Since first being reviewed and listed on SAMHSA’s National Registry of Evidence Based Programs and Practices, interest in the proven approach to improving the outcome and retention of mental health services has exploded.  More than 100,000 practitioners have downloaded the ORS and SRS.   Given the brevity and simplicity of scales, it is easy to assume that implementation will be quick and relatively easy. Ample evidence, as well as experience in diverse settings around the world, strongly suggests otherwise.

It goes without saying that getting started is not the problem.   Fully implementing FIT is another story. It takes time and careful planning—for most, between five and seven years. Along the way, there’s plenty of support to aid in success:

  • Managers, supervisors, and clinicians can join a free, online, international community of nearly 10,000 like-minded professionals using FIT in diverse settings (www.iccexcellence.com). Every day, members connect and share their knowledge and experience with each other;
  • A series of “how to” manuals and free, gap assessment tool (FRIFM) are available to aid in planning, guiding progress, and identifying common blind spots in implementation; ,
  • The 2-day FIT Implementation workshop provides an in-depth, evidence-based training based on the latest findings from the field of implementation science. Over the last few years, we’ve learned a great deal about what leads to success. Immunize yourself against the planning fallacy by joining colleagues from around the world for this event.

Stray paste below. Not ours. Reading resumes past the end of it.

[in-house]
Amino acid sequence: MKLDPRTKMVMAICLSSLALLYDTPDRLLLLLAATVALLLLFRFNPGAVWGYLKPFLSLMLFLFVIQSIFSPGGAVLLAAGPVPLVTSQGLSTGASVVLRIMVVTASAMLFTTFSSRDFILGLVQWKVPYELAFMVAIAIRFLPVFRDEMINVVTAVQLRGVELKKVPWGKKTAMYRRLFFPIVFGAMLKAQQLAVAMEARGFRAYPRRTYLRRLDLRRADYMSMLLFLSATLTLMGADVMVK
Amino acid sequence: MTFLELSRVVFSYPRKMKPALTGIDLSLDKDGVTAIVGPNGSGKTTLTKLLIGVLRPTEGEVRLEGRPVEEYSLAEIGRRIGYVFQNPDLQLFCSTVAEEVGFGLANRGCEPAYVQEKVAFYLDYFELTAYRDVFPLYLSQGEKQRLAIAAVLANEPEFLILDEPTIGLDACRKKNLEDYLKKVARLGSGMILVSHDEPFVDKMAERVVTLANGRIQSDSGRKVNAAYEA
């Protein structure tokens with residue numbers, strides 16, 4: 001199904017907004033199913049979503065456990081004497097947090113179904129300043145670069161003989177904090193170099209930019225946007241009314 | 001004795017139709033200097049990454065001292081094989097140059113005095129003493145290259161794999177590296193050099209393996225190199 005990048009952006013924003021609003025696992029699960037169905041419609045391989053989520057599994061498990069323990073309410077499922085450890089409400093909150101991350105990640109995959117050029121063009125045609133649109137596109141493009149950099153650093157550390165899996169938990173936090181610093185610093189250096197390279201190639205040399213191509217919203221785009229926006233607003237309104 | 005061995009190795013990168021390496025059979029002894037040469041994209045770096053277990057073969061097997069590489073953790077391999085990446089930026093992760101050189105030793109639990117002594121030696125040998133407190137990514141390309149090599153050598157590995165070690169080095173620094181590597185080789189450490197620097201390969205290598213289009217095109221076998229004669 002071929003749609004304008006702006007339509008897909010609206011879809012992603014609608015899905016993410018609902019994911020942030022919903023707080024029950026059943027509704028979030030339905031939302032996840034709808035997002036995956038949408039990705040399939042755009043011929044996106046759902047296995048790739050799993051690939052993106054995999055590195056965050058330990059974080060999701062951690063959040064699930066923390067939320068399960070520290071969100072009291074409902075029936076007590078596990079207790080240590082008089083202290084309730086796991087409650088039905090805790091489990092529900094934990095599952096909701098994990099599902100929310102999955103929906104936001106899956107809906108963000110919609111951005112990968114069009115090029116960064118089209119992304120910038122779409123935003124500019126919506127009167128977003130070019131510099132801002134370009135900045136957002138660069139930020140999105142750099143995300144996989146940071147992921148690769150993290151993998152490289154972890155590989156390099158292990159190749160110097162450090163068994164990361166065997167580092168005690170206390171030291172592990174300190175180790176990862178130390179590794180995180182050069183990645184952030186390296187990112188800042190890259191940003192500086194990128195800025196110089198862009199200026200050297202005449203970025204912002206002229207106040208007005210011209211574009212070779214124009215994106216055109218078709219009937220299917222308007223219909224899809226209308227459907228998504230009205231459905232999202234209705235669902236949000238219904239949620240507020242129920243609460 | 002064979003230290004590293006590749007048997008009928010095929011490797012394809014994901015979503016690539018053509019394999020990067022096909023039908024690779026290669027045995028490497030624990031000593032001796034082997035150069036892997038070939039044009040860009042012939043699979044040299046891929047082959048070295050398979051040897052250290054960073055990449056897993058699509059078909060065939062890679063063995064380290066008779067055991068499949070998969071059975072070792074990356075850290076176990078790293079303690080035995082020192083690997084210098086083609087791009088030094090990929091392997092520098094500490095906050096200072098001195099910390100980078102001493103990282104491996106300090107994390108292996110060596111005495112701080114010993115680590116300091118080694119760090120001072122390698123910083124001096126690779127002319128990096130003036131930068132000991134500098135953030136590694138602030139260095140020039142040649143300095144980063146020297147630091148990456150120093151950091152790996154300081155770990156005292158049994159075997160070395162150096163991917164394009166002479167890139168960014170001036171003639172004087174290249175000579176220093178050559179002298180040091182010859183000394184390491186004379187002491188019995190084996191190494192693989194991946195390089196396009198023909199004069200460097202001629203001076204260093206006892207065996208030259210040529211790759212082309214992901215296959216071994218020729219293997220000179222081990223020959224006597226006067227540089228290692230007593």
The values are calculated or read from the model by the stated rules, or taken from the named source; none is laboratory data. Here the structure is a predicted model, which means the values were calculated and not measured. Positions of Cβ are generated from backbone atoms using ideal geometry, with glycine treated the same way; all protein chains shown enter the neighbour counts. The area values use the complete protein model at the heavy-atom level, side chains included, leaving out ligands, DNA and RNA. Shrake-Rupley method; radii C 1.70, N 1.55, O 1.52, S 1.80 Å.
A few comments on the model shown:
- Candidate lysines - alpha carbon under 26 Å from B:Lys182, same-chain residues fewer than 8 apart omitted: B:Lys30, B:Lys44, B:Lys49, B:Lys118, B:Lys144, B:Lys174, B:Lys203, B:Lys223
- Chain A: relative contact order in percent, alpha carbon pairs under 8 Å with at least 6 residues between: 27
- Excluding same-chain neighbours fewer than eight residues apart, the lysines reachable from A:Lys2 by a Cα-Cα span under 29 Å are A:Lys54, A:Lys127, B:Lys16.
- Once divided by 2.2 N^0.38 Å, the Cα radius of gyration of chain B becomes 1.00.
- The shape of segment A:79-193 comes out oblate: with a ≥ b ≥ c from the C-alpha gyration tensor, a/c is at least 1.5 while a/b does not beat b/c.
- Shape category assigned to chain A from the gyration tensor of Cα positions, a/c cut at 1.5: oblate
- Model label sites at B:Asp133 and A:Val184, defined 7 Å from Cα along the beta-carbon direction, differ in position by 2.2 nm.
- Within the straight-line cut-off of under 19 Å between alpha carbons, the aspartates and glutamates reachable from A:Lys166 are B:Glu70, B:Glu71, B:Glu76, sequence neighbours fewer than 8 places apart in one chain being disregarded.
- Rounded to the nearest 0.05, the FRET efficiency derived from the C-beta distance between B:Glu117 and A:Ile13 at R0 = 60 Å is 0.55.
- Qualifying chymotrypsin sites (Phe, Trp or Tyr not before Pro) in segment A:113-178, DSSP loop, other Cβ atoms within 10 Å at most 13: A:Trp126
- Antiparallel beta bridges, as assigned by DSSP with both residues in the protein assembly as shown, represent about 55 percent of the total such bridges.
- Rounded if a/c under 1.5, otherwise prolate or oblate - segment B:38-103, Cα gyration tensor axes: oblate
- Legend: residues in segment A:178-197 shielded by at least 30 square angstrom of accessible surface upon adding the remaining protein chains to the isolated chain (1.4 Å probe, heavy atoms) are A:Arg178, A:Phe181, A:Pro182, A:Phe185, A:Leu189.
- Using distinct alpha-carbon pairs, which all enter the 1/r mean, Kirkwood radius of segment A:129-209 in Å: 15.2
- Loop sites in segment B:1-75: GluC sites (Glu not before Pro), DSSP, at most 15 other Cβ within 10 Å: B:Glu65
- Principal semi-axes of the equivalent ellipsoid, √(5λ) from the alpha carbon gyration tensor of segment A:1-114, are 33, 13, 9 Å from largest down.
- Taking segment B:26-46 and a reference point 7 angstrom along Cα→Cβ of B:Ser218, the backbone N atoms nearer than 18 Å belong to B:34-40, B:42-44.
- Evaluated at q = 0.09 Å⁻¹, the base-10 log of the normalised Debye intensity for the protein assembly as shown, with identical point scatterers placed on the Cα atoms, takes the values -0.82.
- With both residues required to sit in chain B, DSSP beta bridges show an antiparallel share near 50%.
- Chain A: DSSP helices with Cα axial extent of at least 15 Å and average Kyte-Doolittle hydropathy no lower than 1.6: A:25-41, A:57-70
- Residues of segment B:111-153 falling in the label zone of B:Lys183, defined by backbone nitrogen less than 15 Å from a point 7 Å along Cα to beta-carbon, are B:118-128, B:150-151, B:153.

• Finally, there’s technology.  Last blogpost, I introduce PragmaticTracker.com, a system for administering the ORS and SRS.  The video below introduces www.fit-outcomes.com, a simple, easy-to-use website with a clean, Apple-like interface that makes gathering and interpreting outcome and alliance data a snap.

That’s it for now.

Until next time, best wishes,

Scott Miller (Evolution 2014)

Scott D. Miller, Ph.D.
Director, International Center for Clinical Excellence




Is Time Speeding Up?


Is it me or is time speeding up?  We’re already 40 days into the New Year. Seems like only yesterday, I was planning for the Holidays: meals, get-togethers and, of course, gifts.